Uterine cervix

An estimated 2,250 new cases of invasive cervical cancer and 770 deaths are expected to occur among black women in 2019. The incidence rate of cervical cancer is 30% higher in NH black women than in NH white women (Table 3) with the largest disparity among older women.107 The black-white disparity is even greater when incidence rates are adjusted for hysterectomy prevalence, which is higher in black women.108, 109 Nevertheless, a faster decline in the cervical cancer incidence rate among NH black women than among white women has substantially narrowed the racial disparity overall and has eliminated it among women younger than 50 years as of the mid-2000s.30 Declines in cervical cancer incidence and mortality have slowed in black women and stabilized in white women over the last decade (Table 4), perhaps approaching a nadir.

Cervical cancer screening is recommended for women aged 21 to 65 years. After age 65 years, most women with a recent negative Papanicolaou test should discontinue screening. According to 2015 data from the NHIS, 86% of NH black women and 85% of NH white women were up to date on cervical cancer screening (Table 8). A recent study, however, found substantially lower screening prevalence among older women; for example, 22% to 24% of NH black women aged 61 to 70 years had not had a Papanicolaou test within 5 years, compared with 7% among those aged 41 to 45 years.107

The overall 5-year relative survival rate for cervical cancer among black women is 56%, compared with 68% among white women (Fig. 6), partly because black women are more likely to be diagnosed with regional-stage or distant-stage disease (Fig. 7). Racial differences in stage at diagnosis may be because of differences in the quality of screening and follow-up after abnormal results, as well as less screening.110, 111 Lower SES, lack of health insurance, and older age are also associated with lower screening rates and an increased risk of late-stage diagnosis.28, 107, 112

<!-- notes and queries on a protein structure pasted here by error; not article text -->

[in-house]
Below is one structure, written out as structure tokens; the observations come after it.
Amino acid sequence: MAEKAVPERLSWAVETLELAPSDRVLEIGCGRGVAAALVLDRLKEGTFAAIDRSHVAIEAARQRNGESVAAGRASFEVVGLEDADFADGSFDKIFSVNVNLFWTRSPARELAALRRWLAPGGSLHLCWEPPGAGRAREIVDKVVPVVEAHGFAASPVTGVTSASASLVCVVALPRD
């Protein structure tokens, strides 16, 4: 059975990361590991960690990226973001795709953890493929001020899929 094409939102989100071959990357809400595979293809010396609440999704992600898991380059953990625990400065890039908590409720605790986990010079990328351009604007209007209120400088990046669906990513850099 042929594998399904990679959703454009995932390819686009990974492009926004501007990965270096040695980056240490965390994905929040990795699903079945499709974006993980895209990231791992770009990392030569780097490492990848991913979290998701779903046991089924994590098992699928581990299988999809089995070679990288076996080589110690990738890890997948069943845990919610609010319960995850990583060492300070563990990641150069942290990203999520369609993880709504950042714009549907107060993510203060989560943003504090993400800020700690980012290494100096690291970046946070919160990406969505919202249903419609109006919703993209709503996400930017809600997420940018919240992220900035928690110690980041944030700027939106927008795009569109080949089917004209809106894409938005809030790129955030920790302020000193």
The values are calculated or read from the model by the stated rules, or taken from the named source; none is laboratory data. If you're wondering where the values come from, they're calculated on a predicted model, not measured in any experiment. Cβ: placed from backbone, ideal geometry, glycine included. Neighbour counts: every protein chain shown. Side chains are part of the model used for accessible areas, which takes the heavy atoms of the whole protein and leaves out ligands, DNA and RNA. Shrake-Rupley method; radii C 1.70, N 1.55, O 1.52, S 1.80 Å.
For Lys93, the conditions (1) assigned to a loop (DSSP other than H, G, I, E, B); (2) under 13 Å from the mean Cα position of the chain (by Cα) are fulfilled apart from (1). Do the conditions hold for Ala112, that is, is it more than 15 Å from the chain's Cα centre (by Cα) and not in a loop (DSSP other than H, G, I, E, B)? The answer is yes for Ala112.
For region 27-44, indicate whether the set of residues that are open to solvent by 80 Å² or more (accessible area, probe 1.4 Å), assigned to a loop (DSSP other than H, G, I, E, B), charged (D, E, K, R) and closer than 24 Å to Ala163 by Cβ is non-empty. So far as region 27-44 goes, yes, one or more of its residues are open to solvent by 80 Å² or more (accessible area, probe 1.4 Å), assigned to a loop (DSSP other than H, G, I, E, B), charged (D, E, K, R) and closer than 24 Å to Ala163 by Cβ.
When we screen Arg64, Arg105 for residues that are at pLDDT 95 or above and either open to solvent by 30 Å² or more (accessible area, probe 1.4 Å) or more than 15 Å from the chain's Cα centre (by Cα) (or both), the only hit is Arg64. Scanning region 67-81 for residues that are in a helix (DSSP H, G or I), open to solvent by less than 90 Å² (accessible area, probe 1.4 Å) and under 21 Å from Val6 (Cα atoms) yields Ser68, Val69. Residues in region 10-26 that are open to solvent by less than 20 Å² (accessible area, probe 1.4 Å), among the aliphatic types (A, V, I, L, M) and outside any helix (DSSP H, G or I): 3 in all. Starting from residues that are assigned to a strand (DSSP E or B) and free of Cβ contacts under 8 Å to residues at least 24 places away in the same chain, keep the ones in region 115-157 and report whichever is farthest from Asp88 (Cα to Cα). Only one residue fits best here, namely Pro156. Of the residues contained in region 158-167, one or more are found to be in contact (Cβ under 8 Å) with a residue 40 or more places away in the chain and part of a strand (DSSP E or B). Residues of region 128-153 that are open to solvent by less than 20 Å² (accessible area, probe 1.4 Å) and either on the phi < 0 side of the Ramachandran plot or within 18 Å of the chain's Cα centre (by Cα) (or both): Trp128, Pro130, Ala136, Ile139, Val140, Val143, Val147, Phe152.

Cervical cancer mortality rates are 75% higher in NH black than NH white women. A recent study estimated that 47% of black-white differences in cervical cancer mortality are caused by treatment differences, and 19% are caused by a lack of health insurance.113 The study indicated that, among patients with early-stage cervical cancer, a greater proportion of black women (17%) failed to receive surgery, which is the standard of care, compared with white (9%) and Hispanic (12%) women.

Virtually all cervical cancers are caused by persistent human papillomavirus (HPV) infection, particularly HPV types 16 and 18. Vaccines that protect against the types of HPV that cause 90% of cervical cancers, as well as several other cancers and diseases, are recommended by the Centers for Disease Control and Prevention for use in all boys and girls by age 13 years. Data from the 2017 National Immunization Survey-Teen indicated higher rates of HPV vaccination among NH black adolescents compared with whites: 56% of NH black girls and 45% of NH black boys had completed the HPV vaccination series compared with 50% and 40% of NH white girls and boys, respectively (Table 8).114 Hopefully, the reduction in the recommended number of vaccine doses from 3 (originally) to 2 in October 2016 will facilitate higher completion rates for this highly effective cancer intervention.115

Uterine corpus